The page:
SI: And here he is down the street.

BF: Uh huh. But I'll tell you, if Kazuto [Matsusaka, of Beacon] hadn't been down here, I probably wouldn't have come. That was the last piece of the puzzle. And he deserves the props too. Most of us knew that there was a community in need here, and most of us are on the same page, as far as that's concerned. We all get along really well. We all support each other. It's very kum-ba-ya.

SI: There is valet parking now, but it's for the whole street. I guess it's not the same thing.

BF: Yeah, no. And you notice how everyone's all in front of Fraiche?

SI: So are you going to open another place?

BF: Well, I'd like to further the idea of what the gastropub concept is. I'd like to do one that pulls a little bit my background. So similar feel, vibe, design, but maybe like Northern African, Indian, with more grains and vegetables. Go I can go back to my background a little bit more.

SI: You mean the organic vegetable garden?

BF: Yeah. And bring some of the stronger ethnic profiles to that. There's certainly an incubator for Indian food really along this area, from here to Venice, but nothing that's been elevated at all. So that might be something. Then I want to do another gastropub that would be more barbecue. More reflective of the culture that I grew up with here, sort of Mexicali, you know, I hate calling it that, more of a Southern California type of restaurant with lots of Spanish influences.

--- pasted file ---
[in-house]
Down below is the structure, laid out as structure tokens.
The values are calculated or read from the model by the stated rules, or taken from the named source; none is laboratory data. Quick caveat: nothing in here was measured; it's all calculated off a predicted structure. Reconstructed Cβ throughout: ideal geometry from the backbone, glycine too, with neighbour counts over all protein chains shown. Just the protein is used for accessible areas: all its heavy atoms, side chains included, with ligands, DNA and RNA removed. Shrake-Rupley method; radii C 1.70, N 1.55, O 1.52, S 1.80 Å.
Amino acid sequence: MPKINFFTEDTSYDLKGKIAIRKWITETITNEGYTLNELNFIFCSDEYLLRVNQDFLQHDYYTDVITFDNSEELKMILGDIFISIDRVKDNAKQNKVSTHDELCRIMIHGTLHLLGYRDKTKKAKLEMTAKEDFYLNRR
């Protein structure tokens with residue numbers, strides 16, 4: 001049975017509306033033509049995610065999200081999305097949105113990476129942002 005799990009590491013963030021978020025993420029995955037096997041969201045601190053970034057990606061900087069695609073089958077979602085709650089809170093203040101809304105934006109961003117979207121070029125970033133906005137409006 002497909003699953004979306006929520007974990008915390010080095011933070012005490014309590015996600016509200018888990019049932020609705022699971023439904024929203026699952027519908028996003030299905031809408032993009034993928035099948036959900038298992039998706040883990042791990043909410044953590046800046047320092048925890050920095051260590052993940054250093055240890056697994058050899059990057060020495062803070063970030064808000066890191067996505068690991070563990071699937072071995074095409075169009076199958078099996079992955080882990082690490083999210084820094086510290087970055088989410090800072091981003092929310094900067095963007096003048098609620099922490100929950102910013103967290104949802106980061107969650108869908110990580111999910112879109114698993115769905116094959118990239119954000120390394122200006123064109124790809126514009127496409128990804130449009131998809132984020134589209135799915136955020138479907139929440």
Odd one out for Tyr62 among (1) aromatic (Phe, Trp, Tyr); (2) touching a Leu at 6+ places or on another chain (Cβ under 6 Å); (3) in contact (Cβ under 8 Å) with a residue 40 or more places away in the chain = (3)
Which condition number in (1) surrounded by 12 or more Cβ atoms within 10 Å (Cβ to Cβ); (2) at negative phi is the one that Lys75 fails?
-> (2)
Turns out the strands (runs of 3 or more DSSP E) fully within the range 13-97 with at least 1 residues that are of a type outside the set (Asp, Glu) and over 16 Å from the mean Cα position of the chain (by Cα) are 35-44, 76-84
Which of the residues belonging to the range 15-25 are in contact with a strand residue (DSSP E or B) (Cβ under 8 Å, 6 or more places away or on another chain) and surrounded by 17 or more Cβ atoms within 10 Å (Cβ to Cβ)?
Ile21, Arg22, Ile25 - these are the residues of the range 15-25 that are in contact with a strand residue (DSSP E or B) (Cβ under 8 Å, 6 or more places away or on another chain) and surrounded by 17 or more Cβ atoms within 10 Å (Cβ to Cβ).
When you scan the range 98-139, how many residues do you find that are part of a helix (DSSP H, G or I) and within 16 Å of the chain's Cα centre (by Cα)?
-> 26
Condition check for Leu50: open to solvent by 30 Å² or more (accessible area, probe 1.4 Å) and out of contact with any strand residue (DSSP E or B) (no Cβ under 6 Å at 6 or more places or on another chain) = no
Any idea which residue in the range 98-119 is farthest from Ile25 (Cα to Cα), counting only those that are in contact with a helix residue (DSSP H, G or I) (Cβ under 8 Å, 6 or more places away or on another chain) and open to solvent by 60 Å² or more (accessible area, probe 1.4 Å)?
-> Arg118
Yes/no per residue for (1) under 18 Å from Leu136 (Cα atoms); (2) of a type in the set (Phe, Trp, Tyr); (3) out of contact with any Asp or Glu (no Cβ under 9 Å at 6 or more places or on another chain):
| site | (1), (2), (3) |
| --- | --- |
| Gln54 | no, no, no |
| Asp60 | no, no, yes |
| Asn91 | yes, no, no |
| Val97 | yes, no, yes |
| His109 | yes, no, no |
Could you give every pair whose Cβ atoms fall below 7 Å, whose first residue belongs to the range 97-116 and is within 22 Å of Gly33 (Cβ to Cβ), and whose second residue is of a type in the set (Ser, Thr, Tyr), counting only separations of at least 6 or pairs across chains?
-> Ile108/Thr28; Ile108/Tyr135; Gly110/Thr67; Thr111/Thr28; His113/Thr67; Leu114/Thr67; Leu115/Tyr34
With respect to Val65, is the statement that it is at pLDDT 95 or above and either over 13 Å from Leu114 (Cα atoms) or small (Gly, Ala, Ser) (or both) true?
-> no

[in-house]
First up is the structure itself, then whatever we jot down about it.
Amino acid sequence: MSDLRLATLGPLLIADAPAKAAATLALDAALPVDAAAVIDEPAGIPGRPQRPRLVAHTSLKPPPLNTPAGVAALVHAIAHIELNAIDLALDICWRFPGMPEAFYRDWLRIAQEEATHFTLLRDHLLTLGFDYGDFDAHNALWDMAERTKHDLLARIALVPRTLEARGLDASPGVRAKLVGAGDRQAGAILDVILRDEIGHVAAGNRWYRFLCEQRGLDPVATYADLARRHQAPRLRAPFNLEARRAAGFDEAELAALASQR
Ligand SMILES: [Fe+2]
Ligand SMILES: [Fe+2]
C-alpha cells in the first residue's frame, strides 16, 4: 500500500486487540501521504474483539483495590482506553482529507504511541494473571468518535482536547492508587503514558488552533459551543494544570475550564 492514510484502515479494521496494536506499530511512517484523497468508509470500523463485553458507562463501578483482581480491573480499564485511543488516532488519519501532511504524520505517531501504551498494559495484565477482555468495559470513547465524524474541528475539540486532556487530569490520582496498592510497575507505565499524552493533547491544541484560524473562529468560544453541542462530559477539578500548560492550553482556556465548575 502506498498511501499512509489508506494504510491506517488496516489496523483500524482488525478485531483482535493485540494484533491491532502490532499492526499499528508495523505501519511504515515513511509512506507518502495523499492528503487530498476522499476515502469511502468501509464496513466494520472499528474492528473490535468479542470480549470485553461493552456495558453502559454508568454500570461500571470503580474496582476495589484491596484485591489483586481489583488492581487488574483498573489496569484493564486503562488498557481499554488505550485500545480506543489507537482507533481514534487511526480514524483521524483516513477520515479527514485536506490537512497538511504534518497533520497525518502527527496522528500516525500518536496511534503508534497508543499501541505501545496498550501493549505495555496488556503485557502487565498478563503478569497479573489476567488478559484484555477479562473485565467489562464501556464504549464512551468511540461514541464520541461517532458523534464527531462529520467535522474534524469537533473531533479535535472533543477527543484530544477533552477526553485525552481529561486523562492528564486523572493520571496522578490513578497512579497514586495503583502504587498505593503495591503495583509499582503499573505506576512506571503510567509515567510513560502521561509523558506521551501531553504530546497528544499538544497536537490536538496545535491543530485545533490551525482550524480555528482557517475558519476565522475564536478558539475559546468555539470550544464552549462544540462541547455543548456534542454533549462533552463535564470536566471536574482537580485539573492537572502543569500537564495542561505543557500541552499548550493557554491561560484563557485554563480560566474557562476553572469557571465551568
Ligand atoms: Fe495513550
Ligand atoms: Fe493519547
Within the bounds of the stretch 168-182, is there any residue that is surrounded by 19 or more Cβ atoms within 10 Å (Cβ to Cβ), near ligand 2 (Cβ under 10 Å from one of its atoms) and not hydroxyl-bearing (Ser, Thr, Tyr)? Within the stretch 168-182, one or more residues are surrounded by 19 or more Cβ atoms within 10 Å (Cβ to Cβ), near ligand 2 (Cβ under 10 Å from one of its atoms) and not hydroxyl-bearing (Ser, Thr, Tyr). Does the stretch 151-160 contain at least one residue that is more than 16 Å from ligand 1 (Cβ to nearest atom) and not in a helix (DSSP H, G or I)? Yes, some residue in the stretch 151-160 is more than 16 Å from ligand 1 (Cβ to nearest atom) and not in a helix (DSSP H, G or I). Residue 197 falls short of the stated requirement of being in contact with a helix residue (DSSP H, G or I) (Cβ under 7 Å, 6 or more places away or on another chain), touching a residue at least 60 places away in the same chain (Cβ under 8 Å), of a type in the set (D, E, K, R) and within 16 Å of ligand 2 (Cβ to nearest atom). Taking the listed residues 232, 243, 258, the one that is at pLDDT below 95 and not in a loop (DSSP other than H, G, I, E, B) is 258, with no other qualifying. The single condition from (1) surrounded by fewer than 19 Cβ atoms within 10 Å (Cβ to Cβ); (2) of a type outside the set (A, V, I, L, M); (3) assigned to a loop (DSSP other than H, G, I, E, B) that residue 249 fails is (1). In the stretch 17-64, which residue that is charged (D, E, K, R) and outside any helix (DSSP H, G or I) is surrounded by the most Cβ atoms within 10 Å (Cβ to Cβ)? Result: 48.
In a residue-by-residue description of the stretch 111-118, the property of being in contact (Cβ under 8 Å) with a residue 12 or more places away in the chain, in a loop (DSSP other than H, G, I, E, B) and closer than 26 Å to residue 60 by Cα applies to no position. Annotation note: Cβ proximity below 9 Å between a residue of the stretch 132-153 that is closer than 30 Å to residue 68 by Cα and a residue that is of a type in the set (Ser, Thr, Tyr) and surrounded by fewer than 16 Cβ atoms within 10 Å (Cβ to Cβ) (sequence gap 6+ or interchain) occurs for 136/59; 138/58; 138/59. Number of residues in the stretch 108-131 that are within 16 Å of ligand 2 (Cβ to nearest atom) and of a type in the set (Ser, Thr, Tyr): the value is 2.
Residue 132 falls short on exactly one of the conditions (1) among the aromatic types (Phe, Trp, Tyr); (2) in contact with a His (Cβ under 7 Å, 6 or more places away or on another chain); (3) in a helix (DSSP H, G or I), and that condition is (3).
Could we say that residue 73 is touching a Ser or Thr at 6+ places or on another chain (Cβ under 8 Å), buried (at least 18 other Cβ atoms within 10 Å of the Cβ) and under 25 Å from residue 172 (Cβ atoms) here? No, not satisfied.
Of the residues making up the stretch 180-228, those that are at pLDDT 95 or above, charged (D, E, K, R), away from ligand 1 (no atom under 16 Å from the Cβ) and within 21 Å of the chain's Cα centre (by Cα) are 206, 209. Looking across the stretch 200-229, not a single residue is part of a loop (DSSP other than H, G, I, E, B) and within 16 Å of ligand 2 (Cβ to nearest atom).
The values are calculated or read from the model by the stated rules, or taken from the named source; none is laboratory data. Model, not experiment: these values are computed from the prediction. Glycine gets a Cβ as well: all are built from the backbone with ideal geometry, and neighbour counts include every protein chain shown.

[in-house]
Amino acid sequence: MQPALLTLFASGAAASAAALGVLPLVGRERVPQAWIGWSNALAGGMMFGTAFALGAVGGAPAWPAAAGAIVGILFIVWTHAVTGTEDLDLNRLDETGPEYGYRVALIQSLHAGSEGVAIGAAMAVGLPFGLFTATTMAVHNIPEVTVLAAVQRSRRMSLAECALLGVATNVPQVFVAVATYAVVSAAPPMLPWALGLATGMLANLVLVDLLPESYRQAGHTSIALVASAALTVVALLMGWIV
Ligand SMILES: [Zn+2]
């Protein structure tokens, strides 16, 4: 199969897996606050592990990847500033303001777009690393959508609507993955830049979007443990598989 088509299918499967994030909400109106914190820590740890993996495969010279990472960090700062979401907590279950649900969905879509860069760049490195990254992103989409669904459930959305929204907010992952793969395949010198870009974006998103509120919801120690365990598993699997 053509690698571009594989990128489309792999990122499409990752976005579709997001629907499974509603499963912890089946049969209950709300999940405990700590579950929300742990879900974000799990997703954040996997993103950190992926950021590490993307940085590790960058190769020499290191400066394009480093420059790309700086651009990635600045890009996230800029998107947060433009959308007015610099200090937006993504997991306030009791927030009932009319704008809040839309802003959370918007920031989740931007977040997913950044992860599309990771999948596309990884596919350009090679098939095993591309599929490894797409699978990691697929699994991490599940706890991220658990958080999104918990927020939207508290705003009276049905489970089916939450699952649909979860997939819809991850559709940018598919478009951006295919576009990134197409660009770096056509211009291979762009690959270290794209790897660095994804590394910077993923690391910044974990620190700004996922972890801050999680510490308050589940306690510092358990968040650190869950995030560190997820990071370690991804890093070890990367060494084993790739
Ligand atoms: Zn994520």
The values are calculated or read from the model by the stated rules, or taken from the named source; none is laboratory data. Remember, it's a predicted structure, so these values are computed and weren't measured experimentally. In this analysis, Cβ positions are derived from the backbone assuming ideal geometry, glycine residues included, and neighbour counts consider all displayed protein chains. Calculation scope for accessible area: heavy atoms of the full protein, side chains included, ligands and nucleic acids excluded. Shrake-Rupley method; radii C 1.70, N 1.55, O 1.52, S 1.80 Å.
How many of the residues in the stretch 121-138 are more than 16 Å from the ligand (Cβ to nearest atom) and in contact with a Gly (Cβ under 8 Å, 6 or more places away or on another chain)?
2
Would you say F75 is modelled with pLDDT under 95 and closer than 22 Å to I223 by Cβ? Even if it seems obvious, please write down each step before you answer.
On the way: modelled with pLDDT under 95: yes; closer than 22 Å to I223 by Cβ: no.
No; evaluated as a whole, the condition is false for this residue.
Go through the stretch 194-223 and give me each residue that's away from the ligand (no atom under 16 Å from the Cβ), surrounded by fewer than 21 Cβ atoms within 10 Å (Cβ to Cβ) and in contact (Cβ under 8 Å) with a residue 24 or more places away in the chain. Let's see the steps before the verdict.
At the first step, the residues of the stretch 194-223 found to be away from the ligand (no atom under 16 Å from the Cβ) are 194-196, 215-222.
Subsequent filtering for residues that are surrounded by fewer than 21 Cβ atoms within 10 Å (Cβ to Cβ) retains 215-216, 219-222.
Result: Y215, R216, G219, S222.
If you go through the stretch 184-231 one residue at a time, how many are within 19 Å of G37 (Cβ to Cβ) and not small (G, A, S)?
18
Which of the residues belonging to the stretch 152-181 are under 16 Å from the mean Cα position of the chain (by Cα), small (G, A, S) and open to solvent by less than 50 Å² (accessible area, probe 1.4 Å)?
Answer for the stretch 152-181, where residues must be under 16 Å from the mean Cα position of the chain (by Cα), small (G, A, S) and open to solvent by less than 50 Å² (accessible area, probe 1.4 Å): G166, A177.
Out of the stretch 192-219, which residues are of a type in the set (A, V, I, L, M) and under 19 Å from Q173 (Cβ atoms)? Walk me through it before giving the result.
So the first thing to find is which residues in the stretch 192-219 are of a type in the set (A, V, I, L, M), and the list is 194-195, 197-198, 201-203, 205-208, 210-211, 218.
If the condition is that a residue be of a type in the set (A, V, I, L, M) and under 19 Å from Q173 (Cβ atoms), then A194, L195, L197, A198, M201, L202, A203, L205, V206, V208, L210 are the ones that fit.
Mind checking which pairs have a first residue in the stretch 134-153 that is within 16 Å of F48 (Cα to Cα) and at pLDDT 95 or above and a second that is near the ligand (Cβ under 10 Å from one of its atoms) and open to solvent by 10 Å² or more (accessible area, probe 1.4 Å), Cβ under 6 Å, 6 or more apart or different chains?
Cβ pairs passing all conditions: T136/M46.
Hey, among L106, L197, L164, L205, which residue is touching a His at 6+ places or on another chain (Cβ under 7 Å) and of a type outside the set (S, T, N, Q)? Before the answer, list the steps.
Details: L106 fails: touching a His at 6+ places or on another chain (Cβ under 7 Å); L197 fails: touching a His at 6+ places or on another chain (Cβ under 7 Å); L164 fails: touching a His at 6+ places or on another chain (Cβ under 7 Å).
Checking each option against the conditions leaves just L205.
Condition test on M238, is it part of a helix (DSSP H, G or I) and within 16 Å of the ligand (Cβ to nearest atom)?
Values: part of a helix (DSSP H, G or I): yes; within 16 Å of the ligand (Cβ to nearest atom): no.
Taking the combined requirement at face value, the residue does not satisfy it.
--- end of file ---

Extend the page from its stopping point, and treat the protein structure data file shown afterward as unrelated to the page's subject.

SI: You'd open another one around here?

BF: Yeah, because you can see how playful the menu is. I mean I could just as well have pho on there along with all this other stuff; you could very easily bring in a lot of ethnic dishes. I don't know how it would work, if it would look like I'd added a sushi bar to a Mexican restaurant or not, but I think it would work. I love the idea of doing a Mexican restaurant. There's never too many good Mexican restaurants out there. Either that or I'm just going to turn this into a Mexican restaurant, because I keep adding those kinds of dishes to the menu.